Braids Of Innocence YKTTW Discussion

Braids Of Innocence
Braids used as a shorthand to portray someone's innocence.
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(permanent link) added: 2011-08-05 20:58:07 sponsor: Synchronicity edited by: Quag15 (last reply: 2015-03-06 21:59:39)

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If Braids of Action are a visual shorthand for someone being an Action Girl and Braids of Barbarism are a visual shorthand for, well, someone being barbaric, then these kinds of braids are meant to be a visual shorthand for someone being naive (as well as other traits).

This trope is for braids being used to emphasize a character's youth, innocence and/or shyness (especially if the character is the Cheerful Child, the Token Mini-Moe, The Cutie, Shrinking Violet or other similar archetypes).

If Break the Cutie happens, expect an Expository Hairstyle Change (there may or may not be an Important Haircut involved) with the character choosing to wear their hair short or down instead of in braids.

Often paired with Hair of Gold, Heart of Gold and Innocent Blue Eyes. Girlish Pigtails is a Sister Trope, and there's a significant amount of overlap between these two tropes.

As noted above, contrast Braids of Action and Braids of Barbarism.


Anime and Manga

Film - Animated
  • Braids-sporting Anna from Frozen might be eighteen, but she's also very isolated with little knowledge as to how the outside world really works, leading her to make some bad decisions early on in the film.

Live-Action Film

  • Young Anne from Anne of Green Gables was shown to sport braids, emphasizing her naivete. When she grew older, she shed the braids.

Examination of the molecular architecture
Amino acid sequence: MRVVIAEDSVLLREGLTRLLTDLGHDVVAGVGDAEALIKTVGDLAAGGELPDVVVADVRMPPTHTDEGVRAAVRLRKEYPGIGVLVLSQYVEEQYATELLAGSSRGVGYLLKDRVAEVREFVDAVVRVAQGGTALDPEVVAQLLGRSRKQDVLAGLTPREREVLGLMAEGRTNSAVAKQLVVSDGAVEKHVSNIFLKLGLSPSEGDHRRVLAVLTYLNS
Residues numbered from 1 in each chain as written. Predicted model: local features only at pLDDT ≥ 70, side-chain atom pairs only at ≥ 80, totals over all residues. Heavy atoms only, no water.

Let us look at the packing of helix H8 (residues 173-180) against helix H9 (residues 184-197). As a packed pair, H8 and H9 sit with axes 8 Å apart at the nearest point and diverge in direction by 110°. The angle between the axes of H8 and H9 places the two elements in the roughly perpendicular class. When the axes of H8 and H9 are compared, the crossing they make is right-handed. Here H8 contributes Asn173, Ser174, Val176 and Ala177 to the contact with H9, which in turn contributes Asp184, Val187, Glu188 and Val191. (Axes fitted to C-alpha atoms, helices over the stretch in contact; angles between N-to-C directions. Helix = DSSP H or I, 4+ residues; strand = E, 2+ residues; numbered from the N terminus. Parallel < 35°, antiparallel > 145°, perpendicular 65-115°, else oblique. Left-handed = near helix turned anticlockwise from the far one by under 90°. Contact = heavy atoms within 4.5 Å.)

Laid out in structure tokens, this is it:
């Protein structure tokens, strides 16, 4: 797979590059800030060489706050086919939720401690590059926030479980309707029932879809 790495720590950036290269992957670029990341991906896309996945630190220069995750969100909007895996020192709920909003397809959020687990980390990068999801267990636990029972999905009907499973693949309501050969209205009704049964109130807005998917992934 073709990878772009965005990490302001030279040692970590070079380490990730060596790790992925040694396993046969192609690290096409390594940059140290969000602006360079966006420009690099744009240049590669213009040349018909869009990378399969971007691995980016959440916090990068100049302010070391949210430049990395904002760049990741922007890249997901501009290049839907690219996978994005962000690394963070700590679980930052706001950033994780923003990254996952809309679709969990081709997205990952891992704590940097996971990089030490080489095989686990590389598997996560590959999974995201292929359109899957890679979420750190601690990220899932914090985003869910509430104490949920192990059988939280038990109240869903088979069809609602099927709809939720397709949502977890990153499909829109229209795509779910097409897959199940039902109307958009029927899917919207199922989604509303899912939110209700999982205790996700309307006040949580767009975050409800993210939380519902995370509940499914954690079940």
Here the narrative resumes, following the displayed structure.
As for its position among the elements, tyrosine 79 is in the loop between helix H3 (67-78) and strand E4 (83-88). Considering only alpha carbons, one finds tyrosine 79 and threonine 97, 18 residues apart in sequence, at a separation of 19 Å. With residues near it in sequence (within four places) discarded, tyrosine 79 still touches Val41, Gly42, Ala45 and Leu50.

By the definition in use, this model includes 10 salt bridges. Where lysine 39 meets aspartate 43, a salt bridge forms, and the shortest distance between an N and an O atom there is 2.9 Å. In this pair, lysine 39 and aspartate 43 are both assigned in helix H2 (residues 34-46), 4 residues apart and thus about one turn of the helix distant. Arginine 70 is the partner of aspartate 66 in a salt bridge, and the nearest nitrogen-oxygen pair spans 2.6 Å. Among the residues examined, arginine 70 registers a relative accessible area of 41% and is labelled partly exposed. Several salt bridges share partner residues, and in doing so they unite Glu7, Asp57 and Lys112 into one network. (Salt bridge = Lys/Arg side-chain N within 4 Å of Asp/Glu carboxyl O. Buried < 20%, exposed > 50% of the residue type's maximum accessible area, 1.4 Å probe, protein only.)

• Heidi, probably the Trope Codifier. At age five, her Blithe Spirit and innocent charm manage to defrost everyone around her. While she does not wear them all the time (in fact, they're not seen in the anime adaptation), when she does it serves to emphasize her youthfulness, her innocence and her goodness (which led some people to consider her a Purity Sue).
  • This is an Enforced Trope in the Wheel of Time series among the Aiel. Young girls wear their hair in braids; unbraiding your hair is a sign of maturity. It's inverted for the women of the Two Rivers, where the right to wear your hair in a single braid is a sign of maturity.
  • Exploited in Anne Rice's Claiming of Sleeping Beauty: we're told that the fifteen-year-old heroine's "groom" arranges her hair in braids to make her look even younger than she is. (For the benefit of those fortunate enough not to have encountered this story, it's BDSM porn. At this point the heroine is being forced into a non-consensual pony-play session: she is wearing braids, boots, and nothing else. Remember: fifteen.)

Live-Action TV
  • Cruelly invoked by the producers of Family Affair when Anissa Jones as Buffy was Not Allowed to Grow Up.
  • Game of Thrones has the young, naive Stark girls incorporate braids into their hairstyles in the first season. When their Break the Cutie processes begin near the end of the first season, Arya stops wearing them entirely (due to her Sweet Polly Oliver guise). Sansa continues to wear them because they're part of court fashion, but less and less so as the show goes on.

Video Games
  • Shrinking Violet Iris from Ace Attorney, a nun who sports braids at the top of her head and seems to be totally unaware of the developments going on. Subverted with her identical twin sister Dahlia, who sports the exact same hairstyle (except red), and is a total Bitch in Sheep's Clothing. Subverted too with Iris herself, as she's not as unaware as she seems, although she's far more benevolent than Dahlia.
  • Yukari Koshiki of Tokimeki Memorial 1, who's the resident innocent Cloud Cuckoo Lander.

Western Animation
  • Stacy from Daria, who is the most insecure of the Fashion Club.
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